Tag: Infinity Music Hall
Robben Ford played at the Infinity Music Hall in Norfolk Friday night. It was the second time we had seen him in three years at the venue and he was on fire, playing a variety of blues and jazz inflected solos over traditional blues material and some of his own tunes.
From Robert Johnson (Travelin’ Riverside Blues) to Paul Butterfield (Lovin’ Cup) to Elmore James and Jimmy Reed (Please Set A Date/You Don’t Have To Go) as well as some of his own compositions, including two instrumentals, Indianola, a tribute to B.B. King, and a nod to the Texas Cannonball, Freddie King (Cannonball Express), Ford displayed his creative and eclectic approach on each of the songs in his setlist.
I couldn’t resist putting this video of Leon Russell from 1971 on top of a piece that actually is about a recent show Leon played at the Infinity Music Hall in Norfolk, Connecticut.
This show was taped in Los Angeles with his Shelter People band and a bunch of hippies in attendance dancing, listening and even preparing food, a very relaxed atmosphere. The song is one of the great rock ballads of all time, A Song For You.
His performance is masterful, the song is melodically beautiful and the lyrics poignant and penetrating. One of the great lyric ballads. There is another performance at the end of this piece of more recent vintage, same song. You’ll see Leon hasn’t lost much. To testify to that, he put on a brilliant show at the Infinity of good old Rock ‘n Roll with an excellent band, which included guitar virtuoso Chris Simmons.
This is the third time I’ve seen Leon, the first two in 1971 and 1972. The 1971 show was at the Fillmore East with Elton John opening, a show I’ve touched on a few times and that I need to write about in more detail. The ’72 show was at the Long Beach Arena (Calif.), when Leon was probably at the height of his popularity capable of filling large auditoriums. Later I would learn it was the show used for his classic live album, Leon Live. More on that one later, too.
At the Infinity, which has a relatively small stage, the right-hand side was taken up by Russell’s elaborate, almost montrous keyboard setup. No more grand piano as in the early ’70s. He gets acoustic sound from an electronic grand and it works out just fine. The audience can really only see the back of the keyboard setup, which is built in a large anvil case for traveling. The back is open and has hundreds of wires and connections so completely entwined with one another, you wonder how that actually works without a hitch and if anything went wrong how would a keyboard tech track down the problem. (continue reading…)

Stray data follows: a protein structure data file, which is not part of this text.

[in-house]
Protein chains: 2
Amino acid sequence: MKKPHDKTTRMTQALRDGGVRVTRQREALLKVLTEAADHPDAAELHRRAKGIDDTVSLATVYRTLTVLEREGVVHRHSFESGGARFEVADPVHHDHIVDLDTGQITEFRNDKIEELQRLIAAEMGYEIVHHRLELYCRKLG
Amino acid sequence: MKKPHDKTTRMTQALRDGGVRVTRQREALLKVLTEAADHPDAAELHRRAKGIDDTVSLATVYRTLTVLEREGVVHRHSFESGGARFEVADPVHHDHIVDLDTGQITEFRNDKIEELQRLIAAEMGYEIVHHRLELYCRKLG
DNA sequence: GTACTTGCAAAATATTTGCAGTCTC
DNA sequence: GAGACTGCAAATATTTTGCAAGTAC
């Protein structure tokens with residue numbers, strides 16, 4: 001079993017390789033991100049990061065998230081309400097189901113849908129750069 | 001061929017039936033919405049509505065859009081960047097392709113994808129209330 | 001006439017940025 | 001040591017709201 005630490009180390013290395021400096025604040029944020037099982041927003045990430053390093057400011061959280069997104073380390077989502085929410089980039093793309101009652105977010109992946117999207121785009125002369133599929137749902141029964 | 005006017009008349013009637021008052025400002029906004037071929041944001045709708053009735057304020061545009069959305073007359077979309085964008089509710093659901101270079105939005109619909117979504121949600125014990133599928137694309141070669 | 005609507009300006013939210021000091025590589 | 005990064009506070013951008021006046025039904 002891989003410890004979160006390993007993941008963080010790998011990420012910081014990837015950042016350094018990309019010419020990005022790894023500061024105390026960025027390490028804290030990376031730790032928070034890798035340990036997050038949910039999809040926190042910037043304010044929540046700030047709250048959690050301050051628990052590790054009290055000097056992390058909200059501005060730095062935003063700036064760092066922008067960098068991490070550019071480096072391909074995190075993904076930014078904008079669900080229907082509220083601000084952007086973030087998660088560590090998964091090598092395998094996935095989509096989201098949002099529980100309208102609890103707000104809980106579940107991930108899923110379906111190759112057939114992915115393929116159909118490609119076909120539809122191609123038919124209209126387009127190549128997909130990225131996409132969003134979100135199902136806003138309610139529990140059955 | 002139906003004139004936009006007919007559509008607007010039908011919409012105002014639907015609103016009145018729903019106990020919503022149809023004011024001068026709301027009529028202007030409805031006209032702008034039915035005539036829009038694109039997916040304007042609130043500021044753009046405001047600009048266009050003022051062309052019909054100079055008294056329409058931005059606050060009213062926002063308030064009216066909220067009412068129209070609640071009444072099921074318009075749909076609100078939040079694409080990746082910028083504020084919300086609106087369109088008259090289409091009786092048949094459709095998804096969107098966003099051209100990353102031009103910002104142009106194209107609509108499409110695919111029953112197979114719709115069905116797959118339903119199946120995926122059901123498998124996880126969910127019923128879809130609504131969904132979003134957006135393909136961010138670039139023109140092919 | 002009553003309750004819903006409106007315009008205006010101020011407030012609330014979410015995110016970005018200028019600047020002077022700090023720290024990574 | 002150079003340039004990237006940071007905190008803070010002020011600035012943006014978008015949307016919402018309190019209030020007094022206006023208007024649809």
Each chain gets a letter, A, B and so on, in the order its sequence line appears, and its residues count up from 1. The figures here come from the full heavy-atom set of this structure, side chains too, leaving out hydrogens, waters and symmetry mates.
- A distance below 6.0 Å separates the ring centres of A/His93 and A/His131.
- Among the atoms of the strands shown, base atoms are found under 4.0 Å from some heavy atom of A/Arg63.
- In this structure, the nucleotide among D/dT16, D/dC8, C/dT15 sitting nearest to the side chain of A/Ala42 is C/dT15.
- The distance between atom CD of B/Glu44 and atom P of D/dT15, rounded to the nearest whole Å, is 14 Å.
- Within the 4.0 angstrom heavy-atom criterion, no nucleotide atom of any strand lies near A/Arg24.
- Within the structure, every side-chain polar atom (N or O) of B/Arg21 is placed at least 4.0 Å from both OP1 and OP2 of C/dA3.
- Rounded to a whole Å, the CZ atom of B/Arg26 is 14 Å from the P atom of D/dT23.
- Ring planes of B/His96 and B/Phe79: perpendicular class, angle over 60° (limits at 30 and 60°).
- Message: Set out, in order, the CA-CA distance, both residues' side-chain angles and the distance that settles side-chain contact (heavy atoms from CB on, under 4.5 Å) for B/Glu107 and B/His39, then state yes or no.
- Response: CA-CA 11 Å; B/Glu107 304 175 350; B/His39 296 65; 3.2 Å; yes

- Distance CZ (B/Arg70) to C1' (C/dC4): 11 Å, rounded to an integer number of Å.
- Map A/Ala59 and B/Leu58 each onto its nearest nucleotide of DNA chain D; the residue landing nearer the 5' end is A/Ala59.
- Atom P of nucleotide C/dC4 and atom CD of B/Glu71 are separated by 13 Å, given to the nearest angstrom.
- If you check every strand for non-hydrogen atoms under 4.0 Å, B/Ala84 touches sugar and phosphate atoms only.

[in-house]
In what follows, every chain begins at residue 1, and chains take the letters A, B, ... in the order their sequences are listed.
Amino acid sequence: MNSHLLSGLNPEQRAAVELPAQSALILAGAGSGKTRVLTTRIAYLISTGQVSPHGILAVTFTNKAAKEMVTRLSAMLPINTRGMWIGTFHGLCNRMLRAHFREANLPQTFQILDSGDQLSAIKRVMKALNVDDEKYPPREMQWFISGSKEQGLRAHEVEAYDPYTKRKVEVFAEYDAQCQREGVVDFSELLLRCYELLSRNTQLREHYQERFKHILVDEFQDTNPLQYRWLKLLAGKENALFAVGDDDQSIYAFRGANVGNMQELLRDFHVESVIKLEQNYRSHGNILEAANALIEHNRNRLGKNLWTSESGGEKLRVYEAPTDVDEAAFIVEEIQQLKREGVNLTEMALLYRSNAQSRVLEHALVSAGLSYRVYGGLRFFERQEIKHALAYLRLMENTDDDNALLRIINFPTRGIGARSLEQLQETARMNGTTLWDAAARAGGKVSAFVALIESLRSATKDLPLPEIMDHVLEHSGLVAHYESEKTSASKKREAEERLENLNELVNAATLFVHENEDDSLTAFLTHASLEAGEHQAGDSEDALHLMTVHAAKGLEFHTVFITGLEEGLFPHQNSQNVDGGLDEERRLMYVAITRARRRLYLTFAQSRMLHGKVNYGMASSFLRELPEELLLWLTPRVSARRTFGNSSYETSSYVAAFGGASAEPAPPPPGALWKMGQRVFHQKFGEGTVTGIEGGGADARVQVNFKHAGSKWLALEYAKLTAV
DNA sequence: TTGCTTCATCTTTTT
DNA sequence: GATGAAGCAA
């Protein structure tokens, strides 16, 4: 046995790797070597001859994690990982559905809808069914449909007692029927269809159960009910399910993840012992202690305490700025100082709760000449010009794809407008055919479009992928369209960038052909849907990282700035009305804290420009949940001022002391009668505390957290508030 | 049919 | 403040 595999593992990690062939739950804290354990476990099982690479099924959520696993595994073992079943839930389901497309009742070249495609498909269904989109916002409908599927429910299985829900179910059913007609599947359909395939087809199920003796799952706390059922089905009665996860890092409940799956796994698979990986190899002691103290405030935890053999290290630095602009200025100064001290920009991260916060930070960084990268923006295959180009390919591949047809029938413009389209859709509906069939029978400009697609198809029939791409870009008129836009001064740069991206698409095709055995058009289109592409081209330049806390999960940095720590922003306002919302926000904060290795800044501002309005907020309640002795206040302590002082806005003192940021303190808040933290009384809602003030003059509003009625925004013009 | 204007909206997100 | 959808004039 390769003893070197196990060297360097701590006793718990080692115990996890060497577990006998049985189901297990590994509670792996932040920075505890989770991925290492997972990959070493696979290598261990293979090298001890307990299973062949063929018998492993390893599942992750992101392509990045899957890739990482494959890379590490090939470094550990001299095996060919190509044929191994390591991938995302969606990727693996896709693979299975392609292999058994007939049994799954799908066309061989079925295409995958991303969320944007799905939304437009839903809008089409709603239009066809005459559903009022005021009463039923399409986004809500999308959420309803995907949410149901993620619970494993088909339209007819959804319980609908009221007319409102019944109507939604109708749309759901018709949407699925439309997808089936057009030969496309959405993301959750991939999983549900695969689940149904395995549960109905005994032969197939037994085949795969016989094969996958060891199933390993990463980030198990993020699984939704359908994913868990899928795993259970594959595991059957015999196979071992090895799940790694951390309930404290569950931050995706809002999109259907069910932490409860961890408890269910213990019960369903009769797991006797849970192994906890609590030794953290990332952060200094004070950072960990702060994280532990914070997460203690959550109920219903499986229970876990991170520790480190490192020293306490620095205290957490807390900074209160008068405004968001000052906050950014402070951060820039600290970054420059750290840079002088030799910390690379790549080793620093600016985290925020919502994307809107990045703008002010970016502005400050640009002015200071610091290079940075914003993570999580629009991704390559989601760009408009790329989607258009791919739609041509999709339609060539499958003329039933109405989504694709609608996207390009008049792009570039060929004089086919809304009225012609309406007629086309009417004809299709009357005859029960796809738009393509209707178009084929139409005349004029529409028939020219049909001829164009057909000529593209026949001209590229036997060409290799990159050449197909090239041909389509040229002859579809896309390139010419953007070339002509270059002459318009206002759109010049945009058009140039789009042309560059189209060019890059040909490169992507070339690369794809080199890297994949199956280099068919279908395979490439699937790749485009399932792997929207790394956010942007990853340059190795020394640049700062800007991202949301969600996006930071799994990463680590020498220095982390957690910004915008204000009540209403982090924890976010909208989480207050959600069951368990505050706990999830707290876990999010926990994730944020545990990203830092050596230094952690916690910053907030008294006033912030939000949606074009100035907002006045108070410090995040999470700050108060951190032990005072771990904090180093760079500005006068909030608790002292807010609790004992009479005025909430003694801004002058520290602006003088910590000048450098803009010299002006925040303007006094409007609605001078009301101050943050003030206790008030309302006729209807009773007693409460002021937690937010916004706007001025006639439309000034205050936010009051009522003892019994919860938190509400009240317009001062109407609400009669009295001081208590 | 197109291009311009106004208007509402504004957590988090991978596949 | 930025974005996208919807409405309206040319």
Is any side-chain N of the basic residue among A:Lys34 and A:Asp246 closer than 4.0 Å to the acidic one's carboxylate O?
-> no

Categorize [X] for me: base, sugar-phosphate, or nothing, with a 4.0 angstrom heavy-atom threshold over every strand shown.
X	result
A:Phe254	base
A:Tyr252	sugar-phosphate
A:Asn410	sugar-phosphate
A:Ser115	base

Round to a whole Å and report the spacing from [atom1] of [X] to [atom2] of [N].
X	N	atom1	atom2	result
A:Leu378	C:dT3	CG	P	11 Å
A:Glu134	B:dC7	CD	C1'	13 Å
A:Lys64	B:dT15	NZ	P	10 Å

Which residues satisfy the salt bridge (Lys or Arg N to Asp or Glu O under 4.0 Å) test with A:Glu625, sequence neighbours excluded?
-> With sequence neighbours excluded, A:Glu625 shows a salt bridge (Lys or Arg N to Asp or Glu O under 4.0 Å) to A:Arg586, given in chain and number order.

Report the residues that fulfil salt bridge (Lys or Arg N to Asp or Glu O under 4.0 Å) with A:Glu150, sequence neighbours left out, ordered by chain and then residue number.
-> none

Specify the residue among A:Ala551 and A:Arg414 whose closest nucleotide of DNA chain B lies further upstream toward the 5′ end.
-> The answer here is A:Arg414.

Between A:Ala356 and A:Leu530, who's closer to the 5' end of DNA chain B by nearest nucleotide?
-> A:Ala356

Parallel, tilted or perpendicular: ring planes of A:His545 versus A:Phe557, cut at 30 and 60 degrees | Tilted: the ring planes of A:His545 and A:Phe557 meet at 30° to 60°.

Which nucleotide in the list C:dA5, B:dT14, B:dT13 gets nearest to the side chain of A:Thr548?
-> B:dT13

In the fall when I purchased tickets for the Grace Potter and the Nocturnals show at the Infinity Music Hall this past Wednesday (Jan. 20), I really didn’t know too much about either Potter or her band.
I was looking for a show so we could go back to one of our favorite venues in Connecticut. The come-on promo at Infinity’s web site is what inticed me, plus the timing was right, the night and so forth.
After getting the tix, I explored the Net a bit and found a number of videos of the band, although I didn’t know at the time the band would be slightly reconfigured when the date came around. I was impressed. I found Potter obviously has a set of prodigious pipes, and although still fairly young, 27, has been playing for a quite a while — the band was formed in 2002 —and evidently has been touring relentlessly.
Her range is striking as she effortlessly hits stratospheric notes and although her voice has its own special quality and character, there are moments when she recalls Janis Joplin in phrasing and inflection, only with a smoother, more proficient delivery and attack than Joplin ever exhibited.
The music is blues- and soul-based rock with elements of country, reggae and American roots music at times. The band is strong throughout, but this is definitely a unit whose whole is greater than the sum of its parts, meaning they gel beautifully as a group. And, of course, they have an extraordinary frontwoman/singer, who plays a lot of Hammond B-3 and some guitar throughout the night.
No question Potter is what makes this outfit special. She writes interesting blues-drenched tunes with direct, quirky and glib lyrics. I was basically hearing everything for the first time, but I didn’t note a clinker of a tune in either of the two sets the band played.
The setlist and photos come from fans who are evidently much more familiar with the group than I and there is the feeling from them that this night was one that started cool and finished hot. It appeared from here that the set started hot, cooled in places and then was taken up a level during their return for the second set. Though many of the songs were memorable even at first listen and built on fiery, infectious grooves, I can’t think of one that was better than the opener, I’ve Got The Medicine That Everybody Wants. (Check out the video below from July, 2009). The only tune that felt out of place and curious was the cover of Take My Breath Away from the movie Top Gun, not because Potter didn’t sing it wonderfully, but it’s simply not much of a song. (continue reading…)
I had a taste of The List when I saw Rosanne Cash in concert this past July at the Infinity Music Hall in Norfolk, Connecticut.
She performed six selections that night from the album released in September of songs chosen from a list put together by her father Johnny Cash as a musical education for his teen-age daughter in 1973.
The songs on The List are pure country, pure American music as Rosanne puts it, and she brings her special vocal interpretations to them along with wonderful arrangements by her husband John Leventhal, who plays just about all the instruments except for drums.
She also has some special guests in Bruce Springsteen, Elvis Costello, Jeff Tweedy and Rufus Wainwright, who put a harmony to Cash’s lead on one song each. The result is an album that started as an education for Rosanne but is now one for the listening audience.